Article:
For many centuries, cartographers and geographers speculated about the existence of a huge continent in the far south of the Southern Hemisphere: a Terra Australis Incognita, which was presumed to essentially balance out all of the extensive landmasses of the Northern Hemisphere. While the general notion predicted the location of Antarctica, there was no first-hand evidence it existed, and Terra Australis as popularly conceived was a mere figment of the imagination.

Why was Antarctica the last continent to be discovered? Well, given its immense remoteness, extreme conditions, and the many challenges of its encircling Southern Ocean seas—including the ferocious westerly winds and seasonal incursions of ship-busting sea ice and icebergs—it’s not necessarily surprising that the White Continent likely wasn’t seen until the early 19th century.

In this article, we’ll delve into the basics of what’s known about the discovery of Antarctica: who was the first to spot the land of Antarctica, and who probably first stepped foot on the mainland. (Meanwhile, if you’d like a more detailed history of Antarctic exploration, check out our longer article on the subject as well as our post on the famous race to the South Pole.)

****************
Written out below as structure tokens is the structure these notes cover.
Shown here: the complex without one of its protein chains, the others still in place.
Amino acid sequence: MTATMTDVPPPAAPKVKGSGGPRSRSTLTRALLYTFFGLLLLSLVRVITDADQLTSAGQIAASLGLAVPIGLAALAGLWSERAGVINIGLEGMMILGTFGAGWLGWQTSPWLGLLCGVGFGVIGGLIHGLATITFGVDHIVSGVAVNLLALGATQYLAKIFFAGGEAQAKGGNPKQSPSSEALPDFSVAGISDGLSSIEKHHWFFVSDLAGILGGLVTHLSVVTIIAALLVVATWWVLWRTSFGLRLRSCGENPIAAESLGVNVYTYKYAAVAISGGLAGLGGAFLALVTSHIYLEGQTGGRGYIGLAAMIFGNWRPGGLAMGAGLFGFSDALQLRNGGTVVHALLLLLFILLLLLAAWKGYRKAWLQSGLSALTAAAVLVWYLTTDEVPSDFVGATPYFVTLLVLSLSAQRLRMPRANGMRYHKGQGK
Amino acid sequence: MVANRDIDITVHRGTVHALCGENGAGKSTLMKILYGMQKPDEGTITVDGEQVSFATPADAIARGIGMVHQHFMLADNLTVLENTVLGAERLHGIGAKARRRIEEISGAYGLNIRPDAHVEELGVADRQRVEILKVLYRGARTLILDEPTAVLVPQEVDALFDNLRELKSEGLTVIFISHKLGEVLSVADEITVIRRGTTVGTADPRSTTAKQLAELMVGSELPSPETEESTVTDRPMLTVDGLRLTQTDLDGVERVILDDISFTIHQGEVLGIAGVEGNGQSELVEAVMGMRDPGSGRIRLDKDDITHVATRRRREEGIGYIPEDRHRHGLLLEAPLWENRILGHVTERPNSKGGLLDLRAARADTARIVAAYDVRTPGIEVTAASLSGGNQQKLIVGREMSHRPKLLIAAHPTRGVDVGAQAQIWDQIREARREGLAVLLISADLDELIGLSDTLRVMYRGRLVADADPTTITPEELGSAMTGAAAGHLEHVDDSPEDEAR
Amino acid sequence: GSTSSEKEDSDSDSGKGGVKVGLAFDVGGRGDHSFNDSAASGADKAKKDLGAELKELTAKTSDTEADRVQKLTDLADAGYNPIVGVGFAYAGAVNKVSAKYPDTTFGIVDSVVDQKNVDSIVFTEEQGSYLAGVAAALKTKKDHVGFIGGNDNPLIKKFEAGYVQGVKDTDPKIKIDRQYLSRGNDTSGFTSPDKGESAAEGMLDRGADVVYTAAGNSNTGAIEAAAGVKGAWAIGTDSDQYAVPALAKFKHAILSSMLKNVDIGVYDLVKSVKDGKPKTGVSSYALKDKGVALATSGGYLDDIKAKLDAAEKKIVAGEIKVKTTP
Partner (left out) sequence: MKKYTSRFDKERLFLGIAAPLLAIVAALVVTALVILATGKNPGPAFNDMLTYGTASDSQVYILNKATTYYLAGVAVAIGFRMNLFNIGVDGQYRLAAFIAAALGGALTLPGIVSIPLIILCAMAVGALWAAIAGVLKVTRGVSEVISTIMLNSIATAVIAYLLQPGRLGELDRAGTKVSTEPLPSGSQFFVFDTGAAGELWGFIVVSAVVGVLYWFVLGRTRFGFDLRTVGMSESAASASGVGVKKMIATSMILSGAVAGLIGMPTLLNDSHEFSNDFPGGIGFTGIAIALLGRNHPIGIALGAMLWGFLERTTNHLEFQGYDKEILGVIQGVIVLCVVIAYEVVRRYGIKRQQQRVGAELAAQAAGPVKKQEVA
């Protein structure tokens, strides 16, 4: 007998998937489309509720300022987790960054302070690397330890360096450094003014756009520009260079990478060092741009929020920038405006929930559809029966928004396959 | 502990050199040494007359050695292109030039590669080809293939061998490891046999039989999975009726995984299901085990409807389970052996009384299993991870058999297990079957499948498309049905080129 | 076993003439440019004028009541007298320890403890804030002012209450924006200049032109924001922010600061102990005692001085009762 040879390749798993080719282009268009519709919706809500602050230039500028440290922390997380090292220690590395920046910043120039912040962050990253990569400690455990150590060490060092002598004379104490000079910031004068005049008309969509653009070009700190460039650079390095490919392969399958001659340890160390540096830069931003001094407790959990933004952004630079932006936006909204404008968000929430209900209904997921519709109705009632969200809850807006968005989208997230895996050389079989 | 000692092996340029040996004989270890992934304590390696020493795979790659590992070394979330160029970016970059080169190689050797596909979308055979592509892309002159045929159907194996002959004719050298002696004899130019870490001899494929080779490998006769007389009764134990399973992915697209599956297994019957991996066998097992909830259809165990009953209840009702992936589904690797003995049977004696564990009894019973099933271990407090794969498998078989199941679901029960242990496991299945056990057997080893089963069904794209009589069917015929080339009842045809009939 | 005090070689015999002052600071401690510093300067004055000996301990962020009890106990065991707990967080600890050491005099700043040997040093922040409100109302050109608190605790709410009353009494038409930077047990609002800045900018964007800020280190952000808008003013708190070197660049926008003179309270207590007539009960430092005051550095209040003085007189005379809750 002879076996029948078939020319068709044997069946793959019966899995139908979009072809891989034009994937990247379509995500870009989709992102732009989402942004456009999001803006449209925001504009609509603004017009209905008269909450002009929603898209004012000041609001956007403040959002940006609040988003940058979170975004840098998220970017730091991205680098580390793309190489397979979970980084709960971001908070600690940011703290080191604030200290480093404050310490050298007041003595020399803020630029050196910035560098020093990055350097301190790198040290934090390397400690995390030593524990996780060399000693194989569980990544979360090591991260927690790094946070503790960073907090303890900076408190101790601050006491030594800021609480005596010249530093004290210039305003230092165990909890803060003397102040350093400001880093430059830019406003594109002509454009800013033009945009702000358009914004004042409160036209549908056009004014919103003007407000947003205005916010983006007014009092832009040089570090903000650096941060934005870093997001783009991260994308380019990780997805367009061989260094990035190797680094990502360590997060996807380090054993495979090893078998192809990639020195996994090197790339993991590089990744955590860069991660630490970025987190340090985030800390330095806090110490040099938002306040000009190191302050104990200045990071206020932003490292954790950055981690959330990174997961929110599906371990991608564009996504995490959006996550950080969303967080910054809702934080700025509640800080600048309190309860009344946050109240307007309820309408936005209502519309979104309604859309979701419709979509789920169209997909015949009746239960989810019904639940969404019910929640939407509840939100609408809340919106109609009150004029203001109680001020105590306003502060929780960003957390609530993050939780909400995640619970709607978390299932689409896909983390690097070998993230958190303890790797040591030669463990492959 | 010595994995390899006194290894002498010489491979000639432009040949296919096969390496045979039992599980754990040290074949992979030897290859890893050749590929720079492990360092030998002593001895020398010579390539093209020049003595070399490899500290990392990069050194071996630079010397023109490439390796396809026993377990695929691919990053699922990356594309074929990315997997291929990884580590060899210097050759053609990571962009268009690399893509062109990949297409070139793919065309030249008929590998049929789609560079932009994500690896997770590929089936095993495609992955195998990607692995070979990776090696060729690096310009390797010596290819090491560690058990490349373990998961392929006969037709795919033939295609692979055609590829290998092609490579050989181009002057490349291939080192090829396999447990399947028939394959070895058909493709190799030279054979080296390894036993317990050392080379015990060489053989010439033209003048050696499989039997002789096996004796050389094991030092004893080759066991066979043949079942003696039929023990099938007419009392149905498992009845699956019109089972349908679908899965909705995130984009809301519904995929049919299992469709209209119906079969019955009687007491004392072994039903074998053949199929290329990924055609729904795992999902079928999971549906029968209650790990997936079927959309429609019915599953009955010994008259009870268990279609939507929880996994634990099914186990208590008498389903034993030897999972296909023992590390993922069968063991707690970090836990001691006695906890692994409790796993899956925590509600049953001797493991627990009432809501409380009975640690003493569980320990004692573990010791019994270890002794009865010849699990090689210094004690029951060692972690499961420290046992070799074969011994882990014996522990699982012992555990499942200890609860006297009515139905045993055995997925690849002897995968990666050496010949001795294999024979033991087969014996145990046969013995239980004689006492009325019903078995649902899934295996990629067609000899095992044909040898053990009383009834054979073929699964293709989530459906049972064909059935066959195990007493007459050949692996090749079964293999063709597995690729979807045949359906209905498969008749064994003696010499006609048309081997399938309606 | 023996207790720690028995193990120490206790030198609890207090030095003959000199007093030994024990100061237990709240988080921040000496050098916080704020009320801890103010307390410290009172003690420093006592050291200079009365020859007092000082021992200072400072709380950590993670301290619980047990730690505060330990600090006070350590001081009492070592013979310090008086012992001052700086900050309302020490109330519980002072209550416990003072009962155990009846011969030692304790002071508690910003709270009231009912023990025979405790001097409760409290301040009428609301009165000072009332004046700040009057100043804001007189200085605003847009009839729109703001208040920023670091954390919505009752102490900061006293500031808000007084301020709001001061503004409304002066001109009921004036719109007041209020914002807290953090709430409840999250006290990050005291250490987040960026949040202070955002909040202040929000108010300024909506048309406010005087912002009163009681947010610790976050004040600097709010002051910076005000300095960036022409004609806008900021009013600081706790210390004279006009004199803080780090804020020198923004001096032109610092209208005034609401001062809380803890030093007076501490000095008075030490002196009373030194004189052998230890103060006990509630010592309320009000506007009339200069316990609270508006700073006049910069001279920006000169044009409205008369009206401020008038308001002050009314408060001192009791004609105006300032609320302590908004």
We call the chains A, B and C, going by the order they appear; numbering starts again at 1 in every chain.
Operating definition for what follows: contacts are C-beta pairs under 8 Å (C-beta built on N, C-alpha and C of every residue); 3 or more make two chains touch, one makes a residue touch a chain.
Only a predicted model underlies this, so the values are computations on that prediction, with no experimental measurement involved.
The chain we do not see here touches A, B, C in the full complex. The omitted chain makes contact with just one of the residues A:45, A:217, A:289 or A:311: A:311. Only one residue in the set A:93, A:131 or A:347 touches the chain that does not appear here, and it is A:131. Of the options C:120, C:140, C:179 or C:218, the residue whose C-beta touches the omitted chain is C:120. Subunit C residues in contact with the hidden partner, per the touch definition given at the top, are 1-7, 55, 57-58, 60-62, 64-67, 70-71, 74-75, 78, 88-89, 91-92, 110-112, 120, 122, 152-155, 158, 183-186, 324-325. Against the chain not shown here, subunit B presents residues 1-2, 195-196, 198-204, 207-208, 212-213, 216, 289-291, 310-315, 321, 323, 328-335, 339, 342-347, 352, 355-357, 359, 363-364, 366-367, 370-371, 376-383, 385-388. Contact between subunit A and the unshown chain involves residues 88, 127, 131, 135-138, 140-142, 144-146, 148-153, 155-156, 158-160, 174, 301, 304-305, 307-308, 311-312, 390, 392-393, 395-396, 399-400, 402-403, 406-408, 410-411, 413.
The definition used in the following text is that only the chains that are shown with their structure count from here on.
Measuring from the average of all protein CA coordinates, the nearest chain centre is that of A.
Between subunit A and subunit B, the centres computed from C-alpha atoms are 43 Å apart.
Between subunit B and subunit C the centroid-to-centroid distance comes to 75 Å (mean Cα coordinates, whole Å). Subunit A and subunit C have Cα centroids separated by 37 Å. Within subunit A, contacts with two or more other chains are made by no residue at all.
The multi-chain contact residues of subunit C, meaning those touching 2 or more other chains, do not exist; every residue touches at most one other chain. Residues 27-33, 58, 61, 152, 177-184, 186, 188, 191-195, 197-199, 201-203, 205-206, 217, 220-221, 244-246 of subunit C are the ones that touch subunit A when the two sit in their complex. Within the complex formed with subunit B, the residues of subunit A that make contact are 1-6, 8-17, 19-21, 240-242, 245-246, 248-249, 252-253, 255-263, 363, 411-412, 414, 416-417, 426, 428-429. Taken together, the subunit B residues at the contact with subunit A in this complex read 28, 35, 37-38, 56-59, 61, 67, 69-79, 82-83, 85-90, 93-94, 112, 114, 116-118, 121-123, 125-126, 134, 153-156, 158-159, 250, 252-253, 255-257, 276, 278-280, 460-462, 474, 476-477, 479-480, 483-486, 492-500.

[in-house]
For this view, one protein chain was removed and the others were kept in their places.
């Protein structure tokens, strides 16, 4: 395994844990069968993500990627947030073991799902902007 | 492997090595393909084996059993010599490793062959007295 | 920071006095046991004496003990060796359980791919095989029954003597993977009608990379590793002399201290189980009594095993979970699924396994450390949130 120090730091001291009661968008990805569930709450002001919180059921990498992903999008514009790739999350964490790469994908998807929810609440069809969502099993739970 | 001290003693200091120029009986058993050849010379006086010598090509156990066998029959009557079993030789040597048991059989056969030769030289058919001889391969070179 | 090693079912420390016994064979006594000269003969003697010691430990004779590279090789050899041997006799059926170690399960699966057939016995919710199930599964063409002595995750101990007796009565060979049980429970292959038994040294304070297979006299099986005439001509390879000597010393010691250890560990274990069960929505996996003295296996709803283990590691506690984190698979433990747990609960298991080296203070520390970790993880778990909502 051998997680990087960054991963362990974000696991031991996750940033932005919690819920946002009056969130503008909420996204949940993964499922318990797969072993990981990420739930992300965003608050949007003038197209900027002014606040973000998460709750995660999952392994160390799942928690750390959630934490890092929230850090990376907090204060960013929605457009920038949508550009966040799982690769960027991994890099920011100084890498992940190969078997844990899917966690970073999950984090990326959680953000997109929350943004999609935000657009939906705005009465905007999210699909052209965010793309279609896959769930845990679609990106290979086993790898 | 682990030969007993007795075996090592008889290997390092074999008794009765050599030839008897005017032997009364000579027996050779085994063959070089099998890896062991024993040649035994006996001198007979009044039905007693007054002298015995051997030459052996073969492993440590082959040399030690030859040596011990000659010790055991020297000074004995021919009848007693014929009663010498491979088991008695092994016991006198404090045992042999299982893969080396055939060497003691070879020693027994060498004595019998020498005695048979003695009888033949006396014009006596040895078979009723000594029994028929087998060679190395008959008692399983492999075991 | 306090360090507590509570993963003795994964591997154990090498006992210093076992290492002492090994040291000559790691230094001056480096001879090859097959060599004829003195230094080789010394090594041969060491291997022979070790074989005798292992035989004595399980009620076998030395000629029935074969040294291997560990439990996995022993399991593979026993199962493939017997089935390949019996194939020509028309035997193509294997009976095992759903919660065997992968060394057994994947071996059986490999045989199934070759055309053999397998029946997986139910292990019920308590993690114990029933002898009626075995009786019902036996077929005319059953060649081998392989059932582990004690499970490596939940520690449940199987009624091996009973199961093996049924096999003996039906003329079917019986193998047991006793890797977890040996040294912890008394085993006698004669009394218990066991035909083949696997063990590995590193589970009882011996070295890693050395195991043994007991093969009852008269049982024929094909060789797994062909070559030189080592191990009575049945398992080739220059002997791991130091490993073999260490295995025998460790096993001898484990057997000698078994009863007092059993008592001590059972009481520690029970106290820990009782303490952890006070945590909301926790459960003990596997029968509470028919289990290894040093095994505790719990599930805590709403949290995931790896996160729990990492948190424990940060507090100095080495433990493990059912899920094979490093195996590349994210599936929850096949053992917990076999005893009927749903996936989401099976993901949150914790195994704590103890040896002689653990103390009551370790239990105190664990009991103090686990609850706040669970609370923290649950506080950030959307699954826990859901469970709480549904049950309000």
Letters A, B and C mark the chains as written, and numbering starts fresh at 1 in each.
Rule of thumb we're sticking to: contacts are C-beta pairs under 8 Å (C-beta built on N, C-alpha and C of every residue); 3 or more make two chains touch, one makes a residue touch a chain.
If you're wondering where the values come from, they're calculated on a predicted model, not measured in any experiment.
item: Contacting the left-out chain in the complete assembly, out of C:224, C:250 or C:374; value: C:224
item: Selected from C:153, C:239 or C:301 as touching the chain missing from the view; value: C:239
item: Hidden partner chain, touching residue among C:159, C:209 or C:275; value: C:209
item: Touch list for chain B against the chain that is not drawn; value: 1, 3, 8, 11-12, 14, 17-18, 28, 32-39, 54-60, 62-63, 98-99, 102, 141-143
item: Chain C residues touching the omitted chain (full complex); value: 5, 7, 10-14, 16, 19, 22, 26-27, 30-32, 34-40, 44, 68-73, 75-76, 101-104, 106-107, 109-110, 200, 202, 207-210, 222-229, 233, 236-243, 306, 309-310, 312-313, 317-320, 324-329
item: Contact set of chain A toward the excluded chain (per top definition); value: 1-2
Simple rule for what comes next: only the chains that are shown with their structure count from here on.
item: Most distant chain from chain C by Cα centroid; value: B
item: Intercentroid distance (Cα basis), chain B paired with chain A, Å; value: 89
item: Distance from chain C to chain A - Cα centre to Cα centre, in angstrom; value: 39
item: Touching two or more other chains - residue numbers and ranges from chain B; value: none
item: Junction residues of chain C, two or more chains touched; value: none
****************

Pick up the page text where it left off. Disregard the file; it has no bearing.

We’ve already mentioned that Antarctica proper wasn’t definitively sighted until the early decades of the 1800s. But that’s not to say there isn’t speculation that humans may have at least penetrated Antarctic waters long before, even though the idea is hotly contested.

That speculation of long-ago, pre-European exploration of Antarctica concerns those famously proficient transocean navigators, the Polynesians, who exhibited exceptional seafaring capabilities and savvy wayfinding to colonize many farflung Pacific archipelagos in Oceania. Certain interpretations of Polynesian oral traditions propose that a number of ancient navigators may have strayed into Antarctic waters. A widely cited 1899 account of the Rarotongan voyager Hui Te Rangiora suggested his canoe forayed into polar waters with bull kelp, seals, and icebergs in the seventh century CE, thereby becoming the first person to explore Antarctica.